Loyalty, charisma, and a whole lotta love make up a Chow's personality. A face so smushy, it makes you want to cuddle all day long! This bona fide head-turner is born with 44 teeth compared to the average dog, who have 42 teeth - a trait the Chows share with another mammal - the bear. So, are you ready to bring this warm, loving, free-spirited dog home? 


Some people like to believe that Chows are a cross between and lion and a bear because of their looks and personality. But, Chows originated in ancient China over 2000 years ago, making it one of the oldest dog breeds known. In fact, Chows are an integral part of pottery from the Han Dynasty. The Chow was bred from the Samoyed, Elk Hound, Pomeranian, and Keeshond to be a versatile all-round working breed. The Chinese used them for hunting, drafting, guarding, and warding off evil spirits. 

About the Breed


Chow Chows need around 1000 to 1300 calories a day and do well on a wholesome, nutritious diet consisting of protein, fat, fibre, vitamins, minerals in optimum quantities. They genetically differ from other breeds in the way that they need three small meals instead of two large meals. Since the breed is prone to hip dysplasia, it is best to start them on calcium supplements from puppyhood. Besides this, you can choose to feed your Chow multivitamin supplements that help with eye and skin health. 


Grooming a Chow is going to take significant effort on your part. Because they are heavy shedders, Chows need frequent trips in a year to the groomers. At home, they require a daily brushing and a weekly de-shedding, teeth brush, nail clip and ear clean.  


Chows are avid athletes and need sufficient exercise to keep them from gaining unnecessary weight. You can choose to rotate your activities or stick to one that your Chow loves best. Beneath all the fluff, it is hard to know whether your dog is at the right weight for her age, which is why it is best to weigh her once in three months. Never skip out on exercise because obesity can predispose your Chow to several health problems - some of which are irreversible and shorten the dog's life. 


They need someone with good experience in handling independent-minded dogs. Chows, as obedient as they are, need patience and positive reinforcement training to get them to understand why following rules are important. Apart from this, Chows must be socialised from puppyhood to keep them from becoming aggressive around unfamiliar things or people.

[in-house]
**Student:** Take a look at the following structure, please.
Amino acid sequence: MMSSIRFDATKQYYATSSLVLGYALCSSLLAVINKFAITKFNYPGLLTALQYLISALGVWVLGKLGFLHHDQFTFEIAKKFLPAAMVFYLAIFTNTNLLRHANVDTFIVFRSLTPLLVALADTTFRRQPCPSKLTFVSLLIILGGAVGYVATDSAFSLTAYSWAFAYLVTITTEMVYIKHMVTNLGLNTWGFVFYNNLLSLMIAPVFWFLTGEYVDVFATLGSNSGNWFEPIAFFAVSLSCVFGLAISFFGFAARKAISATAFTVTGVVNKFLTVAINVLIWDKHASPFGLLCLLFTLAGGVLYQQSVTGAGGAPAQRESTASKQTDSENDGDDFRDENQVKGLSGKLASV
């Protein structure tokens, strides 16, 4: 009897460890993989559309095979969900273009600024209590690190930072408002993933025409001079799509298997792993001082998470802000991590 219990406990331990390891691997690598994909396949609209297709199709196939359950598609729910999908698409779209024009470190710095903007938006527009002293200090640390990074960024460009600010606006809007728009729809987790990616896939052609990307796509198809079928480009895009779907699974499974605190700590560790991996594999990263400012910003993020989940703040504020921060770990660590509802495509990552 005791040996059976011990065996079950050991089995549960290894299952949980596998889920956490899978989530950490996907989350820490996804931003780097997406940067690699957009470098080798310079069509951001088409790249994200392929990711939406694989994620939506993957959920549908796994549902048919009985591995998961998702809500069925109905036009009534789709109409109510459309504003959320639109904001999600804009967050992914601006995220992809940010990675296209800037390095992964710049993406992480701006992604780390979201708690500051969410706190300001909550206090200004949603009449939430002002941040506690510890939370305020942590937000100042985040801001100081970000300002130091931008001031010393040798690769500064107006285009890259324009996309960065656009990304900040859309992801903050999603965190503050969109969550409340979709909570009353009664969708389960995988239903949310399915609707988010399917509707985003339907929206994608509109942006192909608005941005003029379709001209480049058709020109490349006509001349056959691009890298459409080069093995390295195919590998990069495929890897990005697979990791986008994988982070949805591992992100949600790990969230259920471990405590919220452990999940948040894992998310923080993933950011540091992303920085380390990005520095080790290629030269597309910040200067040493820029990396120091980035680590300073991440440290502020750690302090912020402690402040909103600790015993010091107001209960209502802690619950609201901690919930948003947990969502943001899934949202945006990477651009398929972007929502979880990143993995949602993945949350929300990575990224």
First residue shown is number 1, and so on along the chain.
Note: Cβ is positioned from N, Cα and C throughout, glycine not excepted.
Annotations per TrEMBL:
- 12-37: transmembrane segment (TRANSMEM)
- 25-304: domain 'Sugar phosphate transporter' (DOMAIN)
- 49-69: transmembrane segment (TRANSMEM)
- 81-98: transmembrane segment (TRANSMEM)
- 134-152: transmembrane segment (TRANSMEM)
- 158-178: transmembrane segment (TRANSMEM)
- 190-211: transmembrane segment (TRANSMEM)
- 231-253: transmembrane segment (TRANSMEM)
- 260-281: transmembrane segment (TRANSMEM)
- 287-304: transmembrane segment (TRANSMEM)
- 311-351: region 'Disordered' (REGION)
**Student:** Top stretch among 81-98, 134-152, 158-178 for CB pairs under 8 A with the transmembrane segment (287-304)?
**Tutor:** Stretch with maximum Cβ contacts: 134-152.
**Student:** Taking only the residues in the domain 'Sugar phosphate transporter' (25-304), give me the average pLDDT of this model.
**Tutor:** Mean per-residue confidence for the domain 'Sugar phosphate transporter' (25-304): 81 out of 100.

Hip and elbow dysplasia, obesity, cancer, cataracts, and entropion (where the eyelids roll inwards) are common health problems most Chows face. It is essential to have routine checkups done at the vet, exercise your Chow sufficiently, and start early on supplements to prevent or slow the progression of such diseases. 


They are best-suited for families with children above twelve years old since Chows do not take well to the energy of young children. They are also not recommended for families with other pets like cats and birds because of the breed's high prey drive. Chow Chows are instinctive, protective, and aloof when it comes to strangers, but with the family, they are gentle, calm, and even-tempered cuddly teddy bears! 

Is this the right breed for my lifestyle?

They make formidable guard dogs.
Chows are loyal to a fault
They are calm, quiet, and gentle when indoors
They like to keep clean 

Why is it not the best for me?

Chows do not do well in families with young children (< 12) or other pets
They need to be groomed regularly because they shed heavily
Chow Chows can be aggressive if not socialised well
They aren't easy to train
Chows need to live in cold climates

Fluffy, feisty, fearless, and just fantastic - Chows Chows are arguably among the most charming and admired dog breeds. It's all about finding the perfect match!